We usually think of the Supreme Court as deciding cases involving life or death, civil rights or constitutional issues. But since Chief Justice John Roberts was elevated to the Court in September 2005, his interest in cases involving technology issues and intellectual property has influenced the Court to accept and review an atypically high number of patent cases. These decisions have fostered a fundamental change in the way patents must be treated by the lower courts, and have generally caused a shift in favor of those who would challenge the patent rights of others.

This special edition of the Kramer Levin Intellectual Property “KLIP” Alert considers several of these recent Supreme Court patent cases.

In a case that has a pervasive impact on patents – obtaining them, enforcing them and defending against them – the Court’s April 2007 decision in KSR Int’l Co. v. Teleflex Inc., 127 S.Ct. 1727 (2007) made it more difficult in the first instance, for an inventor to obtain a patent from the U.S. Patent and Trademark Office, and, at the same time, easier for an alleged infringer to challenge the validity of an issued patent on obviousness grounds. The Teleflex patent at issue in the case covered an adjustable vehicle gas pedal control with an attached pedal position sensor. Prior art patents taught each part individually, but none seemed to clearly suggest combining the two components. Like the cook who first thought to add chocolate chips to pancakes to make them taste even better, the Court held that mounting an available sensor on a fixed pivot point of the prior art pedal was a design step well within the grasp of a person of ordinary skill in the relevant art and that the benefit of doing so would be obvious. The KSR decision criticized the previous rule, rigidly applied, that obviousness may be found only where there is a specific “teaching, suggestion, or motivation” in the prior art to combine prior art references, and, instead, held that “[a] court must ask whether the improvement is more than the predictable use of prior-art elements according to their established functions.” Id. at 1731.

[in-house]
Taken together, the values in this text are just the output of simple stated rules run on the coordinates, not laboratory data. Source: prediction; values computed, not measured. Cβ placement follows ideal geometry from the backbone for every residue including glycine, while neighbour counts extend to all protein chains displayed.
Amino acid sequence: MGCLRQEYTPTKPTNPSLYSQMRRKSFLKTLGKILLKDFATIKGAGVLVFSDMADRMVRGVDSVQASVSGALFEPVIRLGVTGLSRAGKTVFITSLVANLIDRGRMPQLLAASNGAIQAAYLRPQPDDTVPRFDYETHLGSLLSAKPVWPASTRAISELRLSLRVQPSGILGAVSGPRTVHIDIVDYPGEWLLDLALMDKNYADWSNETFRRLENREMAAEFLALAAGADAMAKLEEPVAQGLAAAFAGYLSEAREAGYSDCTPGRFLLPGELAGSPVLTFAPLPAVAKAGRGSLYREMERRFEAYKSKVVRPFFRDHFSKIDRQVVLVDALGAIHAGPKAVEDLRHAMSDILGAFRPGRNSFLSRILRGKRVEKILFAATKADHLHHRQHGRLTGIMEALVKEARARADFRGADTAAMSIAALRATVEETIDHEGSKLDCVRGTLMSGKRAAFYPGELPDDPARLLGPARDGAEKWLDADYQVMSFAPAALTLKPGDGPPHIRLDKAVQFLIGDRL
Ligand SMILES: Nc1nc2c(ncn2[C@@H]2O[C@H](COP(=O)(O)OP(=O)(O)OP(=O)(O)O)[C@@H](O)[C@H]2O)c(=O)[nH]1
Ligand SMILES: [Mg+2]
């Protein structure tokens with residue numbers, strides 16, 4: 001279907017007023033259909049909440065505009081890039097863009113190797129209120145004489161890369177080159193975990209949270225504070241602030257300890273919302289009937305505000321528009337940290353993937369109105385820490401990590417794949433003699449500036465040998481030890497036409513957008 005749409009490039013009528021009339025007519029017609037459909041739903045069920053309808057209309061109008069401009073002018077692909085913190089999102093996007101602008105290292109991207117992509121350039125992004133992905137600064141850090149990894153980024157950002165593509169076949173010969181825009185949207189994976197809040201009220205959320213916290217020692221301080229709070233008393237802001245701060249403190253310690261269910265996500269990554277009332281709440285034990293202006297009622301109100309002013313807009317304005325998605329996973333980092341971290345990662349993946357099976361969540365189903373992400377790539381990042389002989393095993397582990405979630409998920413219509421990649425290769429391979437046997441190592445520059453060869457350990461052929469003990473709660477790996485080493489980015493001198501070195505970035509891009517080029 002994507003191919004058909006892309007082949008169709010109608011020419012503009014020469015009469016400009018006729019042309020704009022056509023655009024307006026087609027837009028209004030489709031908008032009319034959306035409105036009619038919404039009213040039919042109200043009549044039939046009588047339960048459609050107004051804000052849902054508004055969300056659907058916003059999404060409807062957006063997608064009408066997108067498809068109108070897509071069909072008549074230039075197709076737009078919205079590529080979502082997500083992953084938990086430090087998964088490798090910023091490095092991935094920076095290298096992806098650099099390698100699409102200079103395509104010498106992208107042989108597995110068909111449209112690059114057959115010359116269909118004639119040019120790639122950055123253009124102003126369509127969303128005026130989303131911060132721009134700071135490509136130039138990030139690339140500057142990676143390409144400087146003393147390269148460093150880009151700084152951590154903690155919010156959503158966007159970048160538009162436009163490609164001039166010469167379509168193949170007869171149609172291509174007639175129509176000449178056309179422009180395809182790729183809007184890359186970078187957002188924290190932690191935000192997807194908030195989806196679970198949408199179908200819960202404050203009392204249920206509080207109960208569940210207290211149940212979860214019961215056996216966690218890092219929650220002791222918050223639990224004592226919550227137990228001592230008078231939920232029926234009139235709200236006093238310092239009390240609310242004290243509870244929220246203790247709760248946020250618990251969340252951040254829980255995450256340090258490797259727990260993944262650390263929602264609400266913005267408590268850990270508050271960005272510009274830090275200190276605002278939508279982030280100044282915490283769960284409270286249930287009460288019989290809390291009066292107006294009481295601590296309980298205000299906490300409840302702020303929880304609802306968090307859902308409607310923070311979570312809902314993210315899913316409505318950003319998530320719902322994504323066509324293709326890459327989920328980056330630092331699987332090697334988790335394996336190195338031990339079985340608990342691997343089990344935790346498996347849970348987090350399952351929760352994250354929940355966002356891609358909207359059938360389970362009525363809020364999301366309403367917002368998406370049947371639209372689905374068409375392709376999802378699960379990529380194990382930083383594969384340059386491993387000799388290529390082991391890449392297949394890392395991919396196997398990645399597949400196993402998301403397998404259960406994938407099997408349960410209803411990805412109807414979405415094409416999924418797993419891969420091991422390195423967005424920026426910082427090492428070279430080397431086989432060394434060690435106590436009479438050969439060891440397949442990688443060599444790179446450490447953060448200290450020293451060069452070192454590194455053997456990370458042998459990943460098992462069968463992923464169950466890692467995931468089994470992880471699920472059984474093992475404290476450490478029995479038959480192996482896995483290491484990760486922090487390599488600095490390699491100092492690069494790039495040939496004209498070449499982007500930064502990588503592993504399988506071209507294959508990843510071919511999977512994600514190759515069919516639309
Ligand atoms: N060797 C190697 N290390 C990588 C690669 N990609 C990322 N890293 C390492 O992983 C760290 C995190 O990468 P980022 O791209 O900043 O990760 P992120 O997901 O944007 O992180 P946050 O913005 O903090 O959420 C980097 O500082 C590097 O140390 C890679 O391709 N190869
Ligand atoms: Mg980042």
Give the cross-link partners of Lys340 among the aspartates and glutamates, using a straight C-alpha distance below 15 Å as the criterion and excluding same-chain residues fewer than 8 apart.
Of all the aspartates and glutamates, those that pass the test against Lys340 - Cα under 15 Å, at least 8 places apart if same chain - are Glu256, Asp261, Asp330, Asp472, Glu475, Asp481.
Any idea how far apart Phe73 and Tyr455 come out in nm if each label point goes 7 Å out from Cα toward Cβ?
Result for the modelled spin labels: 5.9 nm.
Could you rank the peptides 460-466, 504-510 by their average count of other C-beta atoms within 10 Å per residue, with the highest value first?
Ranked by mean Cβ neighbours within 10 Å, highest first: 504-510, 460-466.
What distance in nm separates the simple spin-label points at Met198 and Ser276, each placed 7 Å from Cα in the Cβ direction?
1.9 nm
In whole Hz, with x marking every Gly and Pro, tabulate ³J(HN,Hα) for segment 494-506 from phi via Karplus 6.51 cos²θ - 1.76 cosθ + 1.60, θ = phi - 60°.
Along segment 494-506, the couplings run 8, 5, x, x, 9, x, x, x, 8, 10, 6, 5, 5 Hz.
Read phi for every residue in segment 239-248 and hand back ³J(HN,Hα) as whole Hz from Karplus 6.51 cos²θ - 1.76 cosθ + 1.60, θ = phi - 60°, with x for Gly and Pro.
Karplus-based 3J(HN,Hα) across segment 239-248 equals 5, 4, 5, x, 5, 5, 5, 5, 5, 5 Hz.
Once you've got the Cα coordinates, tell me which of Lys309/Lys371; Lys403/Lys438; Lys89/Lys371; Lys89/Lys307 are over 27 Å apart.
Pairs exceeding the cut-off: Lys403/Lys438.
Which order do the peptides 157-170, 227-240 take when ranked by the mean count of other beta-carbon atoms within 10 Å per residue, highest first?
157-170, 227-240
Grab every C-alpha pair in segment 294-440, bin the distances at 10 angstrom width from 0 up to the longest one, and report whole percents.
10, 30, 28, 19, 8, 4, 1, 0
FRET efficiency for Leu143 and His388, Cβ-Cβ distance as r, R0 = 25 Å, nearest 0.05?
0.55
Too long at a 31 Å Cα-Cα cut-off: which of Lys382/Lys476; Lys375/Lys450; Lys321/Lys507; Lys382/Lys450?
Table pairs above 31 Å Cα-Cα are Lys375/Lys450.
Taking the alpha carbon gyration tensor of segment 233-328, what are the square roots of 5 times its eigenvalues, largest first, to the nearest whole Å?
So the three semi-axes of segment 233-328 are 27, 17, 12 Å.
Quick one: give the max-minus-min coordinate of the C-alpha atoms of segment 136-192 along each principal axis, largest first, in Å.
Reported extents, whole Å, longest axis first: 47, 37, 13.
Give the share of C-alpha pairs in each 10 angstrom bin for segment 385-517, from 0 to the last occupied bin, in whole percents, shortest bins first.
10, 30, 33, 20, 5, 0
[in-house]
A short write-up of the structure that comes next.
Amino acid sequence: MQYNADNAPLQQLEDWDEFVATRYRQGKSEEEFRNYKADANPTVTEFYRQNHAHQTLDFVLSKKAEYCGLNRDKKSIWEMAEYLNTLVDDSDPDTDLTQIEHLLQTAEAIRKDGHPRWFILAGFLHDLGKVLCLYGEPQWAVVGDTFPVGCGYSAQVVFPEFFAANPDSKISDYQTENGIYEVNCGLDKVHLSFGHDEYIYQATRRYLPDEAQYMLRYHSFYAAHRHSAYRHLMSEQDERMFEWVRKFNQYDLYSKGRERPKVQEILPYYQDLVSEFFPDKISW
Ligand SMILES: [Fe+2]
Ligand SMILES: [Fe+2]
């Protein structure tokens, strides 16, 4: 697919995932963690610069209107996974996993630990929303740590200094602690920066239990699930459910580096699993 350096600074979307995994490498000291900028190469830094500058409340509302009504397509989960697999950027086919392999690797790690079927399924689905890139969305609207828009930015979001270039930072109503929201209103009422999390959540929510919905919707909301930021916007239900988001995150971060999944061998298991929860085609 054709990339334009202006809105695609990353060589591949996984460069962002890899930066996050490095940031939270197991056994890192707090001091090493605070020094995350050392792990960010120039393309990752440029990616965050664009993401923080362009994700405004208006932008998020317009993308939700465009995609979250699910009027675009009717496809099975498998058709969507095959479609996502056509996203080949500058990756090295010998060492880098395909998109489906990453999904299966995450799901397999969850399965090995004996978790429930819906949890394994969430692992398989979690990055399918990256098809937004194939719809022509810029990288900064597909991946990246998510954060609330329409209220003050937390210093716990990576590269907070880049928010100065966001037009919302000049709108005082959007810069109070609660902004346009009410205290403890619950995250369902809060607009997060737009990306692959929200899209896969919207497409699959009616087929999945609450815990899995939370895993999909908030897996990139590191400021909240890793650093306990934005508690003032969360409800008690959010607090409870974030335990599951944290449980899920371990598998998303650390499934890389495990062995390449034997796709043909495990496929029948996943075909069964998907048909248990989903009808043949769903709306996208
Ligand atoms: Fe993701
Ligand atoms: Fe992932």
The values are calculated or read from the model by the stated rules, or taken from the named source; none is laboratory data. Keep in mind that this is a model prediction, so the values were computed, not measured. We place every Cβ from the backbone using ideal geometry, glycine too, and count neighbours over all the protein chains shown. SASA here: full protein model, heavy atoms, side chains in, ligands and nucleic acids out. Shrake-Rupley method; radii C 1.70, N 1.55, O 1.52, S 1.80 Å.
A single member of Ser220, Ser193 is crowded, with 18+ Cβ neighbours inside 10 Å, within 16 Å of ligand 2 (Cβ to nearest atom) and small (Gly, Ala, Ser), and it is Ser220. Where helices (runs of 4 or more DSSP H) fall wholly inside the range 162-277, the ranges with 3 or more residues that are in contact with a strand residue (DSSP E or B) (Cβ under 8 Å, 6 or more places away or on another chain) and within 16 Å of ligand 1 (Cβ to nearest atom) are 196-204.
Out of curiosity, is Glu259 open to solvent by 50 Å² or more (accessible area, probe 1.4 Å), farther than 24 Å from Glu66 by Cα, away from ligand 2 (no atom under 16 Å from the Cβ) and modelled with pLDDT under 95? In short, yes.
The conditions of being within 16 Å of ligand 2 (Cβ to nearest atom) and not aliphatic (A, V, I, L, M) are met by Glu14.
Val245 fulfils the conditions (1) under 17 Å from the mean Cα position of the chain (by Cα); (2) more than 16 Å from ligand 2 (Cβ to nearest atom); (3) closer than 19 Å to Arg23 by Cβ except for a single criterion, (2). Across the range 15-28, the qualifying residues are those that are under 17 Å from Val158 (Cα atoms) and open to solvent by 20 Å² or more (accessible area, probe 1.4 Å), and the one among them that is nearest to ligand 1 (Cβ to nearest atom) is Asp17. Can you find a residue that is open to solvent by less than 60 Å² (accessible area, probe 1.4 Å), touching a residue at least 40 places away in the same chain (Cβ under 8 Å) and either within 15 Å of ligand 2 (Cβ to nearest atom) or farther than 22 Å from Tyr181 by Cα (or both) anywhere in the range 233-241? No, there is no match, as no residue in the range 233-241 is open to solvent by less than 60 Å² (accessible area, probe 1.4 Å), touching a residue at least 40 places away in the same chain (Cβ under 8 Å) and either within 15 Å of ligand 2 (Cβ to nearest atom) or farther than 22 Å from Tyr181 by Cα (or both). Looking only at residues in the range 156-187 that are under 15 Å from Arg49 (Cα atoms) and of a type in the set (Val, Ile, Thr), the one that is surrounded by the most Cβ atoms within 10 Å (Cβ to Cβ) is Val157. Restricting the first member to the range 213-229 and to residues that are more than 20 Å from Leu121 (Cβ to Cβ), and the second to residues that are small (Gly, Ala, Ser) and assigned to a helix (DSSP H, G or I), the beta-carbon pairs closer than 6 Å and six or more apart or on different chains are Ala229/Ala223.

On the same day as the KSR decision, the Court in Microsoft Corp. v. AT&T Corp., 127 S.Ct. 1746 (2007) made it harder to enforce U.S. patents against foreign activities, holding that software that is not expressed in a form ready to be used by other computers, and which would infringe a patent were it to be sold or used in the U.S., may be exported to foreign countries. Id. at 1760.

A little more than a year ago, in January 2007, the Court in MedImmune, Inc. v. Genentech, Inc., 127 S.Ct. 764 (2007) was asked to consider the parameters under which an existing licensee under a particular patent could challenge that patent. Under the old rule, a licensee was generally required to forfeit the license to obtain standing to challenge the validity of a patent. Therefore, licensees had to stop using the licensed technology or risk the possibility of having to pay enhanced damages and the patentee’s attorneys fees should they ultimately not prevail – a powerful disincentive to challenge a patent. The Court rejected this rule, holding that a sufficient “case or controversy” exists to allow a case to proceed even when a licensee continues to make royalty payments under the license agreement. Id. at 776.

Earlier in May 2006, the Supreme Court in eBay Inc. v. MercExchange, L.L.C., 126 S.Ct. 1837 (2006), took away from patent holders the previously almost automatic right to enjoin an infringer from continuing to use a patented invention after infringement had been shown at trial. The Court clarified that trial judges should apply the traditional permanent injunction four-factor balancing test in considering whether to enjoin the infringing activity or to, in essence, force a compulsory license, and that this analysis should not be a rubber stamp (in effect the Court negated the longstanding presumption of irreparable harm anytime infringement is shown, regardless of the particular circumstances). Id. at 1839. Our anecdotal observation has been that, post-eBay, district courts are significantly less likely to grant injunctions absent compelling circumstances (for example, direct competition between the patent holder and the infringer).

Most recently, just a few weeks ago, the Court heard oral argument in yet another patent case, Quanta Computer, Inc. v. LG Elecs., Inc., (Supreme Court Docket No. 06-937). This case will likely decide under what circumstances the grant of a patent license to an entity exhausts the patent rights such that downstream users, such as customers of that entity, also have the right to use the patented invention.